“The Learning Curve,” the global ranking of education systems produced by the publishing company Pearson, is by most accounts a beautiful publication. A harmonious blend of narrative, appealing infographics, and images of joyous learning, the report sets about rating the performance of various school systems as nicely as it can. For the American reader, once they scroll past the advice and best practices, finding the U.S. slot isn’t as pretty. By the report’s latest edition, in 2012, the United States education system sits at 17th place out of 40 countries, and it’s not just behind those socialist Scandinavians. In addition to the classic northern European bloc—Finland (1st), Netherlands (7th), Denmark (9th)—the superior contenders also come from Asia (2nd through 5th), Oceania (New Zealand, 8; Australia, 13), the rest of Europe, and indeed, even Canada (a respectable 10th).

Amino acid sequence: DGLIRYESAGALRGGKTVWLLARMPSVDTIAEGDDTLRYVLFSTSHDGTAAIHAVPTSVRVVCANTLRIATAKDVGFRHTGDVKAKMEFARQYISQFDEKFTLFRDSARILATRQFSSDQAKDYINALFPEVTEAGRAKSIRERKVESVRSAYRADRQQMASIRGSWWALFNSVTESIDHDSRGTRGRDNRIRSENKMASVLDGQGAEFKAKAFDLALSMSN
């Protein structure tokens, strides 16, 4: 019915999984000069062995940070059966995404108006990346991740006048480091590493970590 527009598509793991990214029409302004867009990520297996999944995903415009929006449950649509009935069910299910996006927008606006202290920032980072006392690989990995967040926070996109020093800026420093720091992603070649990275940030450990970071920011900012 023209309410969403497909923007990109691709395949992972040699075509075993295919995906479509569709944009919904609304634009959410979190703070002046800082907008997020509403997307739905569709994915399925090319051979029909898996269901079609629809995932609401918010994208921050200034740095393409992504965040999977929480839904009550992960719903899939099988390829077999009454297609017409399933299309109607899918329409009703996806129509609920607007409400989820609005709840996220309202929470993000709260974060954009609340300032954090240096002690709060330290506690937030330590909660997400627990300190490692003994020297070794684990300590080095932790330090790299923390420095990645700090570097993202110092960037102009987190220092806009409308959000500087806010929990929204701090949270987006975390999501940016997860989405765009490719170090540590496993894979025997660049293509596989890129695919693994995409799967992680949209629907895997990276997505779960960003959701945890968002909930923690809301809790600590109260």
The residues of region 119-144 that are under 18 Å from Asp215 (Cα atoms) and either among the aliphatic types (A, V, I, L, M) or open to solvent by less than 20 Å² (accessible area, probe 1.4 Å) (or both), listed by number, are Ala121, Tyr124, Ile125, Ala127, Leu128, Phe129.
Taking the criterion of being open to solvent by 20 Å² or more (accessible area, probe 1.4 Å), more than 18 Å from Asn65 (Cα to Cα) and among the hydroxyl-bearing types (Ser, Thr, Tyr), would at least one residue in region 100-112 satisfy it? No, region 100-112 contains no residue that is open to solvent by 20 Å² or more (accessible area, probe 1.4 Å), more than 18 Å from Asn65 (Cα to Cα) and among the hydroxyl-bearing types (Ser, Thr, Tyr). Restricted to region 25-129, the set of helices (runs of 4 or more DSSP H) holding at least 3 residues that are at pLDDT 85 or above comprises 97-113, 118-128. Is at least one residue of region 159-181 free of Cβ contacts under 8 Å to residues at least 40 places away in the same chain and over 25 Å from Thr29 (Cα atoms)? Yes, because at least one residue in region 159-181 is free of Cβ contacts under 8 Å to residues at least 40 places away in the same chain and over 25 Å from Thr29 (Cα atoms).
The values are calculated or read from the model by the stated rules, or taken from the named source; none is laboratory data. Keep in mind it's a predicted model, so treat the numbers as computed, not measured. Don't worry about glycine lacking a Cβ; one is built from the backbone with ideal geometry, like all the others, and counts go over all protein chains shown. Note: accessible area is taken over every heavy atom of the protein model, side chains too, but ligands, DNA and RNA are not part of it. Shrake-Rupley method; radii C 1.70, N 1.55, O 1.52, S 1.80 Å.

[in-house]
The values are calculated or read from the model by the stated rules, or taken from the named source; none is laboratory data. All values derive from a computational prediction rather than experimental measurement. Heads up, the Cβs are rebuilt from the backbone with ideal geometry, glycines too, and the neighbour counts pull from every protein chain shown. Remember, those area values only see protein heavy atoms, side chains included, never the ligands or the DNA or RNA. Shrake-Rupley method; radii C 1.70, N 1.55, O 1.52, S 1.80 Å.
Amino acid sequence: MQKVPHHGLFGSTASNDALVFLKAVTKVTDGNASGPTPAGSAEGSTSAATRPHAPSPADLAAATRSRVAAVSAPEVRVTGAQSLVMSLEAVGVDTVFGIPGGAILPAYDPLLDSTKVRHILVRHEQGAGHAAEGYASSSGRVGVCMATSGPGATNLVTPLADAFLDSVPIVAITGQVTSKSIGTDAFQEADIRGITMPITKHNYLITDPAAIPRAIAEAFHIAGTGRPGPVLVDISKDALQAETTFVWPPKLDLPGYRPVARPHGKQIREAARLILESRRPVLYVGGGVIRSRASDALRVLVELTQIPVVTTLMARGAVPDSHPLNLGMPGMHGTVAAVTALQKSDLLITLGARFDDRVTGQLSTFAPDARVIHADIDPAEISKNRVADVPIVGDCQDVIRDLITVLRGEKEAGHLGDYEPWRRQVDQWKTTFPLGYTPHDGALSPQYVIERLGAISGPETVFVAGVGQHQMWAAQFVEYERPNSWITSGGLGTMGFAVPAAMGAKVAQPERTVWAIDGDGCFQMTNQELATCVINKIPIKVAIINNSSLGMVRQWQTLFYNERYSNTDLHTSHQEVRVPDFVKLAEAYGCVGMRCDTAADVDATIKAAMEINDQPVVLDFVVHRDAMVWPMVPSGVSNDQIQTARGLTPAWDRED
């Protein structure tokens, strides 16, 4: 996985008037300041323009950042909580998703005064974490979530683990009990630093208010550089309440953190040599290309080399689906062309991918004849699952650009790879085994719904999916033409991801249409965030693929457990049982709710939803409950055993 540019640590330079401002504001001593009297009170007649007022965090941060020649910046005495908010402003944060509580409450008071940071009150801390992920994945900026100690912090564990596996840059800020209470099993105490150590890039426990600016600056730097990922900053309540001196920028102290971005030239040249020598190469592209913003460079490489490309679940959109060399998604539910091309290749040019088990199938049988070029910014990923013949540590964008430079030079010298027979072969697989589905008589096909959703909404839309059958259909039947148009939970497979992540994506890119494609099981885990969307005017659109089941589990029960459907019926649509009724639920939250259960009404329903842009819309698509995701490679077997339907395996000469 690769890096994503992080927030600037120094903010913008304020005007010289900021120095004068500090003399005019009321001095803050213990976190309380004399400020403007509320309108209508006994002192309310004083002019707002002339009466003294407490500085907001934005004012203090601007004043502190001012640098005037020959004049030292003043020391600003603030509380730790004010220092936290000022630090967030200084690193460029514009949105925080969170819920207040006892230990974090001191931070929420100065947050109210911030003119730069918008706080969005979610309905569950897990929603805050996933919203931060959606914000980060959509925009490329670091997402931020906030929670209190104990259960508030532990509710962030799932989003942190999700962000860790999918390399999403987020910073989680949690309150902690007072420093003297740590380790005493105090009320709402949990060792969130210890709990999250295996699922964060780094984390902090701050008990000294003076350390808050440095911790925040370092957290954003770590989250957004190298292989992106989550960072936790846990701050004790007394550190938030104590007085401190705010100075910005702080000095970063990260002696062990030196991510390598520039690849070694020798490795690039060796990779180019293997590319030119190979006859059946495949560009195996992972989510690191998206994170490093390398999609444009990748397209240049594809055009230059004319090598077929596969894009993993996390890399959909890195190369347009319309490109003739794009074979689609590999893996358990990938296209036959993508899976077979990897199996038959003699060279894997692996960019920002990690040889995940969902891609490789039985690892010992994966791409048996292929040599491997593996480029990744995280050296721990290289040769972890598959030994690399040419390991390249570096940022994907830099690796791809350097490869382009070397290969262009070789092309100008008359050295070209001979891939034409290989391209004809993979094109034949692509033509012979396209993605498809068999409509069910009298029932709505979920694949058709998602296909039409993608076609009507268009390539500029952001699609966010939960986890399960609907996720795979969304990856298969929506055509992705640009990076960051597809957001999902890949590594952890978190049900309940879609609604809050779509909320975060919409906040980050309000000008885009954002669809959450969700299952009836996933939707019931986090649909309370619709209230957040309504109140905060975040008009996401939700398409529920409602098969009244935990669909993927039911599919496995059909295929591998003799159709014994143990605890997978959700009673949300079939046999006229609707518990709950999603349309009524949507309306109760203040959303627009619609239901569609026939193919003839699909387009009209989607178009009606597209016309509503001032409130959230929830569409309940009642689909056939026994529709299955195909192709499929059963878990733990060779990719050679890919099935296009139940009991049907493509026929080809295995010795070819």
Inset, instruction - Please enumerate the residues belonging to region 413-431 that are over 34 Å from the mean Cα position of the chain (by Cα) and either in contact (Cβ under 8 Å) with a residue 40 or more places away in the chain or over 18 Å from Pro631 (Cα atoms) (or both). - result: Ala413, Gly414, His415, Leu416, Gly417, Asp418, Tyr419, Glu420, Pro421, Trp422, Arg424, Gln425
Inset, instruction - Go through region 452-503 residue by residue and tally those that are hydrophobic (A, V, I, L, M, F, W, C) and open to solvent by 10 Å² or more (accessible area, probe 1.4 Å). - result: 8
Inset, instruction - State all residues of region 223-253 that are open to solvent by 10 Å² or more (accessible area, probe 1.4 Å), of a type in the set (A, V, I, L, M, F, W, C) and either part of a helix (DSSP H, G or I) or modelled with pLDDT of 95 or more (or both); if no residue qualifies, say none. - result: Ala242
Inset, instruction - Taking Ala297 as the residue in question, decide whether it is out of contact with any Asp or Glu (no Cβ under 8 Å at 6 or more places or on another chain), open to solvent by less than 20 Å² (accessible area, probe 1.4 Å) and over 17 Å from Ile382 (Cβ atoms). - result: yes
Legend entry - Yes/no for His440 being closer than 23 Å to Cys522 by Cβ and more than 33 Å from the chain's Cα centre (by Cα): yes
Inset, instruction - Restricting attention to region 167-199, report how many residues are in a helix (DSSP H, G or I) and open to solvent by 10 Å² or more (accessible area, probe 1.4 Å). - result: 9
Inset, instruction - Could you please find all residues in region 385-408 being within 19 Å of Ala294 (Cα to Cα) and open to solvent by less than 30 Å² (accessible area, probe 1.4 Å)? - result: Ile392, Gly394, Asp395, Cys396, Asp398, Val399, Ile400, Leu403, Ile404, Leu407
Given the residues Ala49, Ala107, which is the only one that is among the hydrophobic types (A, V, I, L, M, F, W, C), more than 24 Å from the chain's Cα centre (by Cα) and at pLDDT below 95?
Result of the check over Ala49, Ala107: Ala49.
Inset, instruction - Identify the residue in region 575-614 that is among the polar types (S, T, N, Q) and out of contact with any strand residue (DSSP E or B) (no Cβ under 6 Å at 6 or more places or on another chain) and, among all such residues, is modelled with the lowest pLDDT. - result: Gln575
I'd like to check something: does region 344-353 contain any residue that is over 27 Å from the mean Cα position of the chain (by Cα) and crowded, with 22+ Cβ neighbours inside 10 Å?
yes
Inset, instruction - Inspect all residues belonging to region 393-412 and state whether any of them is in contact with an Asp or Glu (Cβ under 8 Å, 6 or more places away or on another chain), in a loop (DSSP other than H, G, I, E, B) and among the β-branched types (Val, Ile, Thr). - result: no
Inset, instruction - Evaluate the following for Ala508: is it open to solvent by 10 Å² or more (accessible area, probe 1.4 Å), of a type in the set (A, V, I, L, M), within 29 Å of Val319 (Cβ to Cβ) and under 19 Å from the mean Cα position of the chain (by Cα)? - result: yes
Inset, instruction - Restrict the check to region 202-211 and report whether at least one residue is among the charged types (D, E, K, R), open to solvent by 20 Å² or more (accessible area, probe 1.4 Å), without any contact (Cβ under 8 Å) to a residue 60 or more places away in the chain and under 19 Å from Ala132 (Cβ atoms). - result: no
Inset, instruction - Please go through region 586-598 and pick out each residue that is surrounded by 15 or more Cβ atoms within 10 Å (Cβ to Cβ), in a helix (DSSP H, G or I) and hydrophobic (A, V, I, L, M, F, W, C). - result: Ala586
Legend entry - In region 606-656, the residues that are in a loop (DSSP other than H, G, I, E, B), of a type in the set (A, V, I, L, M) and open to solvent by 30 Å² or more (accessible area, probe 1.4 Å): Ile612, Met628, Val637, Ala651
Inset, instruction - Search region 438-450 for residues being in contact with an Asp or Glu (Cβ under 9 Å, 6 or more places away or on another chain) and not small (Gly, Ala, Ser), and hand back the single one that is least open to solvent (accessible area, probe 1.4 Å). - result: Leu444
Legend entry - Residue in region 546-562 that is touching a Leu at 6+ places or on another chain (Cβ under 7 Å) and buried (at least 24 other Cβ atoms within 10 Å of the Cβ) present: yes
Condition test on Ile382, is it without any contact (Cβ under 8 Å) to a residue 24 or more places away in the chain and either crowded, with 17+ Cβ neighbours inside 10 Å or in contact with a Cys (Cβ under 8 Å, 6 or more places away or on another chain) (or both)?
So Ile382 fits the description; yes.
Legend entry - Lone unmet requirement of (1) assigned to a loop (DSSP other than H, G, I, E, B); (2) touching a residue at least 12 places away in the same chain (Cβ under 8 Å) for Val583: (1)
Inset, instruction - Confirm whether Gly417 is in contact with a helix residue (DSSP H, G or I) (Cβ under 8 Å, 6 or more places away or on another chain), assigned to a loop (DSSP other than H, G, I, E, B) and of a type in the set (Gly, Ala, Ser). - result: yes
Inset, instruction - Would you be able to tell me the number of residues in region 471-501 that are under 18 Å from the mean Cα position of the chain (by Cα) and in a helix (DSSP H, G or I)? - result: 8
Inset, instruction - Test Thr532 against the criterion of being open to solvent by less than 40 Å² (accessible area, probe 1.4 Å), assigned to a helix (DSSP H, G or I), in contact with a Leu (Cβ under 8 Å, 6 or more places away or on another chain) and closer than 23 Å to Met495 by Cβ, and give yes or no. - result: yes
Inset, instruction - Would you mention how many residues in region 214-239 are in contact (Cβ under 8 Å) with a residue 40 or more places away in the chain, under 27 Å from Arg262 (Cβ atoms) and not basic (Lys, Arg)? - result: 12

Each of the countries ahead of the U.S. has a fundamental commitment in common, one that the America doesn’t: a constitutional, or statutory, guarantee of the right to education. By centralizing education as a key focus of the state, these countries establish baseline requirements that set the frame for policy and judicial challenges, as well as contribute to what the Pearson report calls a “culture” of education: where “the cultural assumptions and values surrounding an education system do more to support or undermine it than the system can do on its own.” As the U.S. is about to embark on another national attempt at education reform in the Common Core, evidence suggests that a constitutional amendment, that rare beast, is both timely and vital to improved results. Comparing the American to the international approach to educational rights suggests that this reform might be a wise one.